Due to this disorganized thinking, the patient experiences alterations in the processes of attention and memory, as well as great language and speech difficulties.
Some examples of these symptoms talk about the same subject over and over, move continuously from one subject to another, and present a discourse full of inconsistencies.
4. Catatonic behavior
In catatonic behavior, they can include a large number of motor disorders. These alterations include paralysis or immobility, hyperactivity, restlessness or excitement, or mutism. Stereotypical movements, echolalia or ecopraxia are also included.
5. Other symptoms
In addition to all of the symptoms mentioned above, there are a number of behaviors or behaviors directly related to this type of disorder. These signals include:
- Strange behaviors or behaviors.
- Significant changes in daily habits.
- Neglecting hygiene and personal care.
- Inability to make decisions.
Although the specific causes of this disorder have not yet been established, it is hypothesized that it is the result of the union of various hereditary, biological, environmental and psychological factors.
With regard to the hereditary components of the brief psychotic disorder, it has been observed that it is generally repeated within the same family. Likewise, the fact having a family history of psychosis has also been established as a risk factor.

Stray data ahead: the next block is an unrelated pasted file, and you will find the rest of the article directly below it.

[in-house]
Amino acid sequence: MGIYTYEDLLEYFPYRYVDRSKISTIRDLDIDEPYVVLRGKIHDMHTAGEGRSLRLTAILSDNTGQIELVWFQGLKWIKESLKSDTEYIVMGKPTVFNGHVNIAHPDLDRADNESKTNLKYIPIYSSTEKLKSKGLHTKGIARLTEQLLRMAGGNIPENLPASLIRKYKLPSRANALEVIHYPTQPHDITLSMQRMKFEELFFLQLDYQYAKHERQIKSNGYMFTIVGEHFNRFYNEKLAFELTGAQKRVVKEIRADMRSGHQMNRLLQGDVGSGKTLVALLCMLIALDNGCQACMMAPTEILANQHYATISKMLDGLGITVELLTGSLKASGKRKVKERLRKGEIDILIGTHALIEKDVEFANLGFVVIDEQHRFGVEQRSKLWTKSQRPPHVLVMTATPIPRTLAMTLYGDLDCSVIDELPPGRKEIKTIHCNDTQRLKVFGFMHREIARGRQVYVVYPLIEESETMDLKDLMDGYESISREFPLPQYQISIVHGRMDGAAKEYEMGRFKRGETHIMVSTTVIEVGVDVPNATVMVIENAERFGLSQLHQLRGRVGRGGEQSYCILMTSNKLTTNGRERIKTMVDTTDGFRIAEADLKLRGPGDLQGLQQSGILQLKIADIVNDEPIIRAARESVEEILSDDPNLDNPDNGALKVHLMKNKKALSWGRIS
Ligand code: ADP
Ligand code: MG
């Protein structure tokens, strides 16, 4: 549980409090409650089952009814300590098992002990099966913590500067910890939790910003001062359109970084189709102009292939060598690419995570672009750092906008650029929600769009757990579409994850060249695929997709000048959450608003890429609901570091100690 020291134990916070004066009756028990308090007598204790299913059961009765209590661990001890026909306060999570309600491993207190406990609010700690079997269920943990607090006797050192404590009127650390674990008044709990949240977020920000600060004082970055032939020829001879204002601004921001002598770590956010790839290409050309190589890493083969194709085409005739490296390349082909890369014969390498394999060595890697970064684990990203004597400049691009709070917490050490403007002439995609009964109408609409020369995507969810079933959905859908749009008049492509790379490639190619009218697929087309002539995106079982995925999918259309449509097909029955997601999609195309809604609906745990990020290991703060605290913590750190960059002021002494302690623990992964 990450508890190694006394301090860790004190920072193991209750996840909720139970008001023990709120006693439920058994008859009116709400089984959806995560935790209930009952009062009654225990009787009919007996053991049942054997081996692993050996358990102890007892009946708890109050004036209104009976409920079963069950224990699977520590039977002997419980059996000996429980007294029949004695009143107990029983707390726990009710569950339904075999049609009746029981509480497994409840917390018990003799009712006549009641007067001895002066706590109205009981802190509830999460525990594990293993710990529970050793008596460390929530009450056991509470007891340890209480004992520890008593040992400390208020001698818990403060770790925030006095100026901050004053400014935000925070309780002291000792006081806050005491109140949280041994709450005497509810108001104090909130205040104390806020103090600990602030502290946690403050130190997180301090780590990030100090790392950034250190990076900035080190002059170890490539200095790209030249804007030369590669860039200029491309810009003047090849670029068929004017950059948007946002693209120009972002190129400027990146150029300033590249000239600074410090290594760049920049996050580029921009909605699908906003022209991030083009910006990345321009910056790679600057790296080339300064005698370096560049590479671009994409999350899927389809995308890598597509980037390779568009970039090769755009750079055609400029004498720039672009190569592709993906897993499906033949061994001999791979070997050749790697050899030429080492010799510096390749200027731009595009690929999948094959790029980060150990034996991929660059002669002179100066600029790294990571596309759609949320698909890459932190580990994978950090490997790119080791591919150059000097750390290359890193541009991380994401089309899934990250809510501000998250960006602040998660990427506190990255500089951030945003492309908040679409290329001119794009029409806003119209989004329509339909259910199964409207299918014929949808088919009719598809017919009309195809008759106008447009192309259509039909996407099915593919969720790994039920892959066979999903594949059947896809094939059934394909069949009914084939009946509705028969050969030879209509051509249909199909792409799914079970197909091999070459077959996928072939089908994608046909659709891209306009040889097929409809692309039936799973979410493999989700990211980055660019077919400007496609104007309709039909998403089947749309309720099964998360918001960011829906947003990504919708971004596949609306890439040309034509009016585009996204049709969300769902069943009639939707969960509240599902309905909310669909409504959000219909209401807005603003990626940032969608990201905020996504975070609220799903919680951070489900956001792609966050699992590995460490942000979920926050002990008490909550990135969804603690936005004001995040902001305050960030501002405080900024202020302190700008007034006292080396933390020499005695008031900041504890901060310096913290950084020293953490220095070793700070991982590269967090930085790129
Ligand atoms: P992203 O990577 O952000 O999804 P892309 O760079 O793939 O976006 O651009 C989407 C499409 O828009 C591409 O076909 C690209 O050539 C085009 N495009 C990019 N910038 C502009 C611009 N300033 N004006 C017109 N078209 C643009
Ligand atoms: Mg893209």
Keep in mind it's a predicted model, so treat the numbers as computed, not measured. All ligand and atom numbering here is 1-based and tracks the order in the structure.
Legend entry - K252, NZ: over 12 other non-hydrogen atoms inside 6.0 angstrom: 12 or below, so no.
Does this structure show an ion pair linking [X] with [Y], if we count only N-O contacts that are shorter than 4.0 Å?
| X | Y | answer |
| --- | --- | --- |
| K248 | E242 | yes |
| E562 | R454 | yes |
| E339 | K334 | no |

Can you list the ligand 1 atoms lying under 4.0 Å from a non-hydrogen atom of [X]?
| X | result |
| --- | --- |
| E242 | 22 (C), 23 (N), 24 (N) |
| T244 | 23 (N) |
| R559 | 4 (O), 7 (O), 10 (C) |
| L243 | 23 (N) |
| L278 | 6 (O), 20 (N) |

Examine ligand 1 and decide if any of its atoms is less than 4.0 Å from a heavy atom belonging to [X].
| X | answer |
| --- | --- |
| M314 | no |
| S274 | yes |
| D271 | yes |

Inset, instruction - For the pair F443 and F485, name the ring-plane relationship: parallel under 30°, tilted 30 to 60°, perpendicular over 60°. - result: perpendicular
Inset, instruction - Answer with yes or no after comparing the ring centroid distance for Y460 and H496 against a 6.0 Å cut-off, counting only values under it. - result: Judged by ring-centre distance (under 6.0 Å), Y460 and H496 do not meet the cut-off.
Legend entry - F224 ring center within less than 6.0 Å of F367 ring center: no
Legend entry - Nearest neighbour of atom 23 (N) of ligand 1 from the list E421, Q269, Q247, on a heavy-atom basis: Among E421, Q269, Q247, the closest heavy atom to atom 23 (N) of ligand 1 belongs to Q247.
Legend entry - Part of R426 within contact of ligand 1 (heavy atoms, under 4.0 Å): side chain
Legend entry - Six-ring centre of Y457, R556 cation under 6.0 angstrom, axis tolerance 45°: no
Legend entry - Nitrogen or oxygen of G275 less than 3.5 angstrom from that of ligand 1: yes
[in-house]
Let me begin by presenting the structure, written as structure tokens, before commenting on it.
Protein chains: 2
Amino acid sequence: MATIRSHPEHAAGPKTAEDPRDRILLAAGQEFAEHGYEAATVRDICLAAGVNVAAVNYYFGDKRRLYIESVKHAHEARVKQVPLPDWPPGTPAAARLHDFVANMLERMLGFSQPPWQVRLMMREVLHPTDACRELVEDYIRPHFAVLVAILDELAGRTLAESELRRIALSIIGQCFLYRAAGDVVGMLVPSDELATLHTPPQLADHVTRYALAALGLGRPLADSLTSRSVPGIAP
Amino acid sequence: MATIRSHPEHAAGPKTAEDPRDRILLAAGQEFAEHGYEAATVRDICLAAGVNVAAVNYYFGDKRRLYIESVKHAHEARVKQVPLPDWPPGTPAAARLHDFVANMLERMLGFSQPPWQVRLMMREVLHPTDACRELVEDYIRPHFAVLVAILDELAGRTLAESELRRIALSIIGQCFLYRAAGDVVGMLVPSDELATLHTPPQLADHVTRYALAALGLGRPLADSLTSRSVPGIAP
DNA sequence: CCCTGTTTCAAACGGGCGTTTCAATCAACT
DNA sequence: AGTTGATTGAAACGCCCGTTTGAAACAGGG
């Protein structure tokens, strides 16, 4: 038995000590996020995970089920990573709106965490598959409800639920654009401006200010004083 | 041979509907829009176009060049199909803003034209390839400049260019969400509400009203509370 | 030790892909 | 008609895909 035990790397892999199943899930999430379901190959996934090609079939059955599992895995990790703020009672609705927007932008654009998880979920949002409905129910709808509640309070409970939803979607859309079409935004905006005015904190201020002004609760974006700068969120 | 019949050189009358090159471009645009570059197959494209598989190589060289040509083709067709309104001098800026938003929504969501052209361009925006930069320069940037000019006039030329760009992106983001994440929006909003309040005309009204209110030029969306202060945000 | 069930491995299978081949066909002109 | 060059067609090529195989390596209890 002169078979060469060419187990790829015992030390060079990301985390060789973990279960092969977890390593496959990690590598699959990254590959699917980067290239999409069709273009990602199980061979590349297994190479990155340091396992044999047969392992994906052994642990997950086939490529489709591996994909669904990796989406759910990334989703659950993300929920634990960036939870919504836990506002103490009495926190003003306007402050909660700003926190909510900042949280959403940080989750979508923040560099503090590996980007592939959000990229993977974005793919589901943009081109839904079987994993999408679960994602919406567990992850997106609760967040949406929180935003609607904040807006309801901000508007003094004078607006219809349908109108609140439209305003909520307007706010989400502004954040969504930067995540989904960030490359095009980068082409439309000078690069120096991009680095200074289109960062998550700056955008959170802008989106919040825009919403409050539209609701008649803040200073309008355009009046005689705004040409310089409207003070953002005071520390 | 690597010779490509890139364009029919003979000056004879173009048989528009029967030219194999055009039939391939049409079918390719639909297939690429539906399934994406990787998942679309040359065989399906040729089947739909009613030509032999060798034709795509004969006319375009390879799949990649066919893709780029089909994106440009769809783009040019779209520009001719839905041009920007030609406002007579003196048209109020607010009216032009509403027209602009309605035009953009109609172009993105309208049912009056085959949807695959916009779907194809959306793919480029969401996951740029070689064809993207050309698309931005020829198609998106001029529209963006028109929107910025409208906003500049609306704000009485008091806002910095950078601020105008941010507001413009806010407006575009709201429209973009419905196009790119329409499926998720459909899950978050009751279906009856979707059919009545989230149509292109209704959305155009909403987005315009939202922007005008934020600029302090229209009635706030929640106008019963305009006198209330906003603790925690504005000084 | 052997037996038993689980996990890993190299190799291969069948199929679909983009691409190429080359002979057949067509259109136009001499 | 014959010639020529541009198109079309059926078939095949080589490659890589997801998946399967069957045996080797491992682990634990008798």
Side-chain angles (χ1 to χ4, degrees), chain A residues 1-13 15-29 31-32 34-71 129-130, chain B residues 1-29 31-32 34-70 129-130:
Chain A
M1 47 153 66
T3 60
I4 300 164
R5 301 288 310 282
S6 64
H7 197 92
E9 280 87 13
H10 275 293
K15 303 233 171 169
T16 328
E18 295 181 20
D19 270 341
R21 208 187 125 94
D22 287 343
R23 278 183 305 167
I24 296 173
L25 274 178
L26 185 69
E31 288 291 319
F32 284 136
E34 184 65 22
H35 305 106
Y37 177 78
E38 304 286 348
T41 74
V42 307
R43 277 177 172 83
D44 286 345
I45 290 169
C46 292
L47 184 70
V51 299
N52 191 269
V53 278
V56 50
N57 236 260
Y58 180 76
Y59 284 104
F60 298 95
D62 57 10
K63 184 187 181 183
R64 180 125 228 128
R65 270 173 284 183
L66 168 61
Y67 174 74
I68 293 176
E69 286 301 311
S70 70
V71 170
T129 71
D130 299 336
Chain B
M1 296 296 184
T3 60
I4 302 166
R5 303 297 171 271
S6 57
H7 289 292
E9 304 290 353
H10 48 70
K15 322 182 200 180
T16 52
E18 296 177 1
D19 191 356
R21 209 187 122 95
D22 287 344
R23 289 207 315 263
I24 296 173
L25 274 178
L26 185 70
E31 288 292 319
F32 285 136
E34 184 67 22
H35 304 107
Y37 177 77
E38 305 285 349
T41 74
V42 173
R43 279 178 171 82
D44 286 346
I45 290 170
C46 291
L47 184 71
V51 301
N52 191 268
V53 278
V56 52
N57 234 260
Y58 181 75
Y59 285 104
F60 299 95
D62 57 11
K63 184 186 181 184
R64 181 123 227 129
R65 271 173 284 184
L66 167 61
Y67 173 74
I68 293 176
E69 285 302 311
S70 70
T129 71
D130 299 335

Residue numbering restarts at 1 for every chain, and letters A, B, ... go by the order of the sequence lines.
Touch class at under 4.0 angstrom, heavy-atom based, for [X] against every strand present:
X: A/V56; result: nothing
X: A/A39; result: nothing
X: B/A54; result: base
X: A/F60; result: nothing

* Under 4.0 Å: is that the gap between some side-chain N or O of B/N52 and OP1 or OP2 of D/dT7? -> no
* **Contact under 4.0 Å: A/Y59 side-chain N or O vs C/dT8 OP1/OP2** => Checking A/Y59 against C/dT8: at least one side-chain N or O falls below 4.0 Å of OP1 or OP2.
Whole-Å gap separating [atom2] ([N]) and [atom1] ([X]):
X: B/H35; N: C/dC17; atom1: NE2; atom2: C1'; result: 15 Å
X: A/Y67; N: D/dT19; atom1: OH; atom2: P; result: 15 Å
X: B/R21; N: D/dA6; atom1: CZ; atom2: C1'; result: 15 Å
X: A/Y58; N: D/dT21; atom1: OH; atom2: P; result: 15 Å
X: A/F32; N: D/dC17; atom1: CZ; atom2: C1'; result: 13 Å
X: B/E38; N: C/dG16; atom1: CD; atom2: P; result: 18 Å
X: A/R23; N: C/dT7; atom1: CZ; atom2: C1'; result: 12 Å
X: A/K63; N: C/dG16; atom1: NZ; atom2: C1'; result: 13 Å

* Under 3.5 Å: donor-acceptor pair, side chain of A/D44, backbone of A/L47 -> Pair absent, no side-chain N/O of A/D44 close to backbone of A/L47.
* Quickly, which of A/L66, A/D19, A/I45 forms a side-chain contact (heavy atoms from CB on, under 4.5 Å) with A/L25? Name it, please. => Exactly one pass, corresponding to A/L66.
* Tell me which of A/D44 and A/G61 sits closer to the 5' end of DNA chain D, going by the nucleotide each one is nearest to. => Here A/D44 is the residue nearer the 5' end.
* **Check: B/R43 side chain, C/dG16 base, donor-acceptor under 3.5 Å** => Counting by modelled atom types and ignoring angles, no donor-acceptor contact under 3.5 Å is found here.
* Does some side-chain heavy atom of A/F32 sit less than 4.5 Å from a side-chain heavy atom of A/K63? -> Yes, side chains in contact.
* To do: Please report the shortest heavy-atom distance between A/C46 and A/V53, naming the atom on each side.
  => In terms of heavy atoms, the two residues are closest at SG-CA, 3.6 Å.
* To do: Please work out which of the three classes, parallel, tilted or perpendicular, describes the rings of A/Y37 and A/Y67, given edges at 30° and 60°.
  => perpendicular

However, having a family history of psychosis and this disorder is not a sufficient condition to suffer from it. For this, it must be a hereditary factor accompanied by stressful factors or contexts that facilitate its appearance.
On the other hand and according to certain psychodynamic currents, the appearance of the brief psychotic disorder would have its origin in an inability of the person to manage his survival mechanisms. That means the patient does not have the capacity to resist or overcome a very stressful event then the disorder appears as a mechanism of escape.
Through a thorough psychological assessment, the clinician should verify whether the patient has suffered from any of the situations or circumstances that may trigger the brief psychotic disorder, such as physical, psychological or sexual abuse, victim of a traumatic event, Presence of a crime, etc.
According to the Diagnostic and Statistical Manual of Mental Disorders (DSM-V), this disorder is classified as a short-term disorder unrelated to any type of mood disorder, substance use, or psychotic disorder.
In order to make a reliable diagnosis of a brief psychotic disorder, the clinician must ensure that the person meets the following requirements:
- Presence of one or more psychotic symptoms (Delusions, hallucinations, negative symptoms, etc.).
- Duration of symptoms between one day and one month after which the person has fully recovered.
- The symptoms are not explained by the presence of other psychotic disorders or by the consumption of toxic substances.
Treatment and prognosis
Since the disorder should go away in less than a month there is no established treatment for this, Being very similar to the intervention performed in acute episodes of schizophrenia.
However, you must increase and maintain precautions for the duration of the episode because the person may self-harm, hurt others or even commit suicide.
Also, sometimes the appearance of a brief psychotic disorder is a warning sign that the person may develop any other type of severe mental disorder, so it is vital to make a careful observation of the patient’s progress.